Fabio Santana






Healthcare and Pharmaceuticals



By Fabio Santana

Death on the railway

“What was that?” said Pratik.
“I have no idea. Never heard that before.” I replied.

It sounded like gravel hitting a windshield, something you would typically experience driving through the countryside, not in a First Great Western train on its way from Oxford to London. Pratik and I were on the 18:31 Friday night service to the big city for the weekend – Pratik to visit friends travelling from India and I returning to London as part of my daily commute.

“Man, the conductor is braking hard. Something bad just happened.” I said.

We could smell the burnt brakes as the train abruptly came to a stop. It was clear that it had either experienced a serious mechanical failure or we had just hit something.

I was immediately reminded of the amazing six part BBC series about the Network Rail called “Keeping Britain on Track”. Filmed over two years, the observational documentary (which can now be found on youtube) followed railway employees, contractors, police, etc. and showed the challenges of running the fifth busiest national rail system in the world (in number of passengers carried per year – see table below).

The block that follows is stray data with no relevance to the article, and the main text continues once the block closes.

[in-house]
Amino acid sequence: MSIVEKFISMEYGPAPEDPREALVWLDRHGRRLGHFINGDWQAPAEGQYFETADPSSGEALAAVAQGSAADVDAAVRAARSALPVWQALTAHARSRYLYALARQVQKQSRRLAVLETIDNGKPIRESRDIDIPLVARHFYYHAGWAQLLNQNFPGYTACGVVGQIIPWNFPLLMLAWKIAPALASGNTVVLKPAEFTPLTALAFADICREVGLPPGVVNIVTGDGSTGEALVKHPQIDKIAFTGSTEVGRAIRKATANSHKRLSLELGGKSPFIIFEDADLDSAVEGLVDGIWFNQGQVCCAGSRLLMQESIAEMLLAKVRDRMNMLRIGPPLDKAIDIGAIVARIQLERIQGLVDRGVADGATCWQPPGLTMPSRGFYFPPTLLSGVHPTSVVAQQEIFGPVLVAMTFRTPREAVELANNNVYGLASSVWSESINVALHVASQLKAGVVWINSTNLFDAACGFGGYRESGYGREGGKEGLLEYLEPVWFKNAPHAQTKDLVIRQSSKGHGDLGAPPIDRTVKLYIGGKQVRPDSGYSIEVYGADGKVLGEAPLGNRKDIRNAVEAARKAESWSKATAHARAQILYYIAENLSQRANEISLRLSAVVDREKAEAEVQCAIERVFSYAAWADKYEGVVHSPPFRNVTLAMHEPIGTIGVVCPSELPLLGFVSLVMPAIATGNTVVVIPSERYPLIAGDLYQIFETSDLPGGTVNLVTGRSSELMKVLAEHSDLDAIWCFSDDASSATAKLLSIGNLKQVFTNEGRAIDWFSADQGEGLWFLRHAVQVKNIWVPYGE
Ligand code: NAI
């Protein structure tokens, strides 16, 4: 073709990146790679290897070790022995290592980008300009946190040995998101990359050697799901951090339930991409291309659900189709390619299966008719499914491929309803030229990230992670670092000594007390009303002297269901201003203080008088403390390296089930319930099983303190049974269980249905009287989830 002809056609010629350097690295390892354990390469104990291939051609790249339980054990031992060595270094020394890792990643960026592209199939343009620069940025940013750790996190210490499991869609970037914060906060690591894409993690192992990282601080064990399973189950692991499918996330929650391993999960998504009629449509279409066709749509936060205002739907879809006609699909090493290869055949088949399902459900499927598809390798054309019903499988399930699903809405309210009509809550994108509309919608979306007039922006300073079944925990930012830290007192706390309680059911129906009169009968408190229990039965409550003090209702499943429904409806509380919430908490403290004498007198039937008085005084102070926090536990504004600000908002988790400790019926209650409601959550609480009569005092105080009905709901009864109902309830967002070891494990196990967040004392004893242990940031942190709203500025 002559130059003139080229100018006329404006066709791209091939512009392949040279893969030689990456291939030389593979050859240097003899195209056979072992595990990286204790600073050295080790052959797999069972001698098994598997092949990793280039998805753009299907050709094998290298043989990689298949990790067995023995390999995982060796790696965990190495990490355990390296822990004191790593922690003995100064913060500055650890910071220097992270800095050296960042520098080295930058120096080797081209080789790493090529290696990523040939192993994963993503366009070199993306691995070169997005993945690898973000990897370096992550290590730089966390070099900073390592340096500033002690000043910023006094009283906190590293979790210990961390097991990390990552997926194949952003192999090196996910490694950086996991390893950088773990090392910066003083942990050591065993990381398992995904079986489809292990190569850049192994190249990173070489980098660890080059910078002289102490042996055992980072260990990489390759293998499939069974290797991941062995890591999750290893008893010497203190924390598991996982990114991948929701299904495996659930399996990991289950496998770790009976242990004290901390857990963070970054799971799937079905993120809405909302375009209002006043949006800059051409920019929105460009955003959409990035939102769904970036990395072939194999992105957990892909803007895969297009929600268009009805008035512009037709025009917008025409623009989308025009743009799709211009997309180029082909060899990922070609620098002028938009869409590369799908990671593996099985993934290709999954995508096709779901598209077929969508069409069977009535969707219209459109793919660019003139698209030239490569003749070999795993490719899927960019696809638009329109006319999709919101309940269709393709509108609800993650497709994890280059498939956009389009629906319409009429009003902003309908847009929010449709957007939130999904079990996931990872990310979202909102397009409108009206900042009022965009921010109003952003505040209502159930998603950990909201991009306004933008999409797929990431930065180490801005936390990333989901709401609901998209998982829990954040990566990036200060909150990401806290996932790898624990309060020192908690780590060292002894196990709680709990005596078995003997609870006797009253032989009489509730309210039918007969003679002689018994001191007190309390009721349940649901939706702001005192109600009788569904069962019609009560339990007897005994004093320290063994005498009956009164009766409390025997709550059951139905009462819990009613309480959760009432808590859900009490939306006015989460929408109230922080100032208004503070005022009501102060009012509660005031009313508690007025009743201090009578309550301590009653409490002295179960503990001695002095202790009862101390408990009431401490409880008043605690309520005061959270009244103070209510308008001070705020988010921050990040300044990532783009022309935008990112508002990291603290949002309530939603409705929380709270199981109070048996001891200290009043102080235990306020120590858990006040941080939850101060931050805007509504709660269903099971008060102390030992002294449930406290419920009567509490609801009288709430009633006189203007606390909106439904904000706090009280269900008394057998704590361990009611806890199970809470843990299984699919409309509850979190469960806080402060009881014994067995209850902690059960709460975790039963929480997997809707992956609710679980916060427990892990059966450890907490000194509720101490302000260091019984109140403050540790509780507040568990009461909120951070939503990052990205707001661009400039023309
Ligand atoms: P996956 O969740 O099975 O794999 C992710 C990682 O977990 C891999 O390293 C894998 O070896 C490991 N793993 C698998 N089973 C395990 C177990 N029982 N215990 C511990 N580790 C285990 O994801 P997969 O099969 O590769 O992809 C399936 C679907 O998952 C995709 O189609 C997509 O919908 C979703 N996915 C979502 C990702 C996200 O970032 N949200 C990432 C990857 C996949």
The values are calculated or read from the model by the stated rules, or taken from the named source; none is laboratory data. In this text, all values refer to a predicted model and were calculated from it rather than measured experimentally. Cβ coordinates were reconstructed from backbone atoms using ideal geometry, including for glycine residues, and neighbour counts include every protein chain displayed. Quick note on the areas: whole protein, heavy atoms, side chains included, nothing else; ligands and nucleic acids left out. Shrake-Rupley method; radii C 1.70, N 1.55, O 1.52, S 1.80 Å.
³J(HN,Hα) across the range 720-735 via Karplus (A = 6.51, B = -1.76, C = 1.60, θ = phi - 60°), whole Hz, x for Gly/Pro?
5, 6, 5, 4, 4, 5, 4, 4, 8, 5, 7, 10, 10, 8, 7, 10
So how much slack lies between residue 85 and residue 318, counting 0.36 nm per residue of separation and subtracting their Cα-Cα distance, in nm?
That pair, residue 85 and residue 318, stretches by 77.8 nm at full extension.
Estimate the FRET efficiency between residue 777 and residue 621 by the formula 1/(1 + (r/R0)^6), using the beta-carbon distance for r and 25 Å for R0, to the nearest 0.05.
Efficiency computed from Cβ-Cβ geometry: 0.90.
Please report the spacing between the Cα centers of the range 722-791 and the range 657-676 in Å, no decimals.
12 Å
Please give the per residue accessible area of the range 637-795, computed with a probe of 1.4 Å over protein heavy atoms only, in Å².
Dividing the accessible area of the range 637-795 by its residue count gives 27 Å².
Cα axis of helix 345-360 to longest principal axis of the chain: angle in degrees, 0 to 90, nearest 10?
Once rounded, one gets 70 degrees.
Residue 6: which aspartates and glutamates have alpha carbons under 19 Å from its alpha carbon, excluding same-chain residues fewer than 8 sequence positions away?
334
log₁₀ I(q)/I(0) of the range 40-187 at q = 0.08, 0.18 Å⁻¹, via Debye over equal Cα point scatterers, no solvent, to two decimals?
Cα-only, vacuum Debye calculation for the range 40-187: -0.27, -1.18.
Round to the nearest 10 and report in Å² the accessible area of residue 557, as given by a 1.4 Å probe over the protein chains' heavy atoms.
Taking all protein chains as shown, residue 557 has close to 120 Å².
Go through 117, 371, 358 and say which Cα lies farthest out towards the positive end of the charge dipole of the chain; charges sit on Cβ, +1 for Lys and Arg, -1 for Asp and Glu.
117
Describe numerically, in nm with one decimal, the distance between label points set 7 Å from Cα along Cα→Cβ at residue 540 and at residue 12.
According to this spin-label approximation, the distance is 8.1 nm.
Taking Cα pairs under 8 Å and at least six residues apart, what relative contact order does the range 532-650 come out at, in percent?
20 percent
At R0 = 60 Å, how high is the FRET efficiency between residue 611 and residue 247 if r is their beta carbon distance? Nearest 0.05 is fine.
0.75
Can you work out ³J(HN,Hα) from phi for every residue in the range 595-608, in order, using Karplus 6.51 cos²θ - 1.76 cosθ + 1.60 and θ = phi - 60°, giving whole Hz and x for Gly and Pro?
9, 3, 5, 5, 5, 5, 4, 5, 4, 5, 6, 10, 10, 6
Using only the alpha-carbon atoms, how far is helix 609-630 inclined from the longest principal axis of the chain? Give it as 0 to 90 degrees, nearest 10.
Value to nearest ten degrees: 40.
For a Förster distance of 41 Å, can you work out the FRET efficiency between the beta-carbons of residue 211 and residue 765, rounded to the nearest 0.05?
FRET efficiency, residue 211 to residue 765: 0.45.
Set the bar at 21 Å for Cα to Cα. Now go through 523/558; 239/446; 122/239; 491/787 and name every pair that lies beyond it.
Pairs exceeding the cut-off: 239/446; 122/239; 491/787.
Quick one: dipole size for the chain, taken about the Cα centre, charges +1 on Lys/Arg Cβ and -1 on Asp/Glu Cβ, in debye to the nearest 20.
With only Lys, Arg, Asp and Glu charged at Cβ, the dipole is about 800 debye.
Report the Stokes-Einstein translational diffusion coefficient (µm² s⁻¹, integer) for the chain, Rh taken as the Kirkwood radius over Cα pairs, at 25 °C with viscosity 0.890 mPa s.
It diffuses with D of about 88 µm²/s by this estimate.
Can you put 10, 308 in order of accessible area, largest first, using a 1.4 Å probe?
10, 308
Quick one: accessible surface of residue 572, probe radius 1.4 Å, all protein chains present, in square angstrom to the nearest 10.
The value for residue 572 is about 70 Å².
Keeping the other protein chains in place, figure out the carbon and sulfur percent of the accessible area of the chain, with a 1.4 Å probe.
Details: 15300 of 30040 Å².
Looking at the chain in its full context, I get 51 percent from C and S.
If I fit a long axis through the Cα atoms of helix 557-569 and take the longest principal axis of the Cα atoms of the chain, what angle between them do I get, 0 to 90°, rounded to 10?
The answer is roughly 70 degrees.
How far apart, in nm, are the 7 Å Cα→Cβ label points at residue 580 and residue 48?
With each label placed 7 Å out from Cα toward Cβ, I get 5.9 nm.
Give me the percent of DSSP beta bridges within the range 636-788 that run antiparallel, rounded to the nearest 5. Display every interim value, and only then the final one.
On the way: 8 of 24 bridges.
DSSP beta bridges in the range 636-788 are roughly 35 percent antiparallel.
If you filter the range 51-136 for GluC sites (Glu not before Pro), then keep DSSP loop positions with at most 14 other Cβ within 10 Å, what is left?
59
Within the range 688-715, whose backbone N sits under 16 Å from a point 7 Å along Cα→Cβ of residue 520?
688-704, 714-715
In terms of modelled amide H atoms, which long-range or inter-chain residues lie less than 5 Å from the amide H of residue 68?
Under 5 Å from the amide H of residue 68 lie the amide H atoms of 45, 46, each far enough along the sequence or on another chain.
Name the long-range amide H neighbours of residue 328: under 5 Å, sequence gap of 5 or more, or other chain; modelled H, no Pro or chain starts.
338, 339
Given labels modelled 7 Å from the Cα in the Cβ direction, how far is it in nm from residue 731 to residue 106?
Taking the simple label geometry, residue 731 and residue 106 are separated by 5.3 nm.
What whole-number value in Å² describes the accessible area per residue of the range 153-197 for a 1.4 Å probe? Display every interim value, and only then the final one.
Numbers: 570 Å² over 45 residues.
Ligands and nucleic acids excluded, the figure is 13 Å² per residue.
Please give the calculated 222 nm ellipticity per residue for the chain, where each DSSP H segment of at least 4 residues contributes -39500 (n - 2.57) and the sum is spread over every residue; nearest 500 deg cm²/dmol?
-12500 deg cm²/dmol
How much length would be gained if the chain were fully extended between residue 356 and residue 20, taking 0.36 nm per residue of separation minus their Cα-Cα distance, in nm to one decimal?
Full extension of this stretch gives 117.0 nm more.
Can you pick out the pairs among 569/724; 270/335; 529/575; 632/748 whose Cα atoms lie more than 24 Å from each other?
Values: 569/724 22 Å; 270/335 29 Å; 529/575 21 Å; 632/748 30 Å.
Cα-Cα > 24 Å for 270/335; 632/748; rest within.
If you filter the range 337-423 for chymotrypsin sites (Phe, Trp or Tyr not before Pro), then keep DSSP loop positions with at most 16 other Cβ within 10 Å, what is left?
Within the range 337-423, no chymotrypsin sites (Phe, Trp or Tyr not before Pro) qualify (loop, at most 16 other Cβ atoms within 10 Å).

Country Million passengers Year
 Japan 22,670 2010
 India 8,900 2011
 Germany 2,370 2009
 China 2,106 2013
 United Kingdom 1,610 2013

Although the BBC series showed the pride and excitement that many railway employees have of their jobs, it also exposed a darker side of the rail system. In the last 10 years, there has been an average of over 200 suicides by train in the United Kingdom The tv show did not shy away from the subject, which is why I made such an ugly immediate connection.

After almost an hour with no information from the conductor, I decided to visit the First Great Western website for a service update. Unfortunately, my suspicions proved to be true: all services between Reading and Paddington had been delayed or cancelled due to a person being hit by a train in West Drayton. A quick check on Google maps showed that we were exactly at that location.

The train staff went above and beyond to try to keep all passengers as comfortable as possible on the service, providing us with free coffee, tea, water, and snacks. While Pratik and I were tired and frustrated with the disruption to our travel, knowing that such a terrible thing had just happened strangely made it easier to get through the four hour delay.

As a daily commuter from London to Oxford, I have seen my fair share of delays and cancellations due to signalling problems, slippery rails, broken trains and even a heart attack. I just hope I never see this particular reason show up on the board again.

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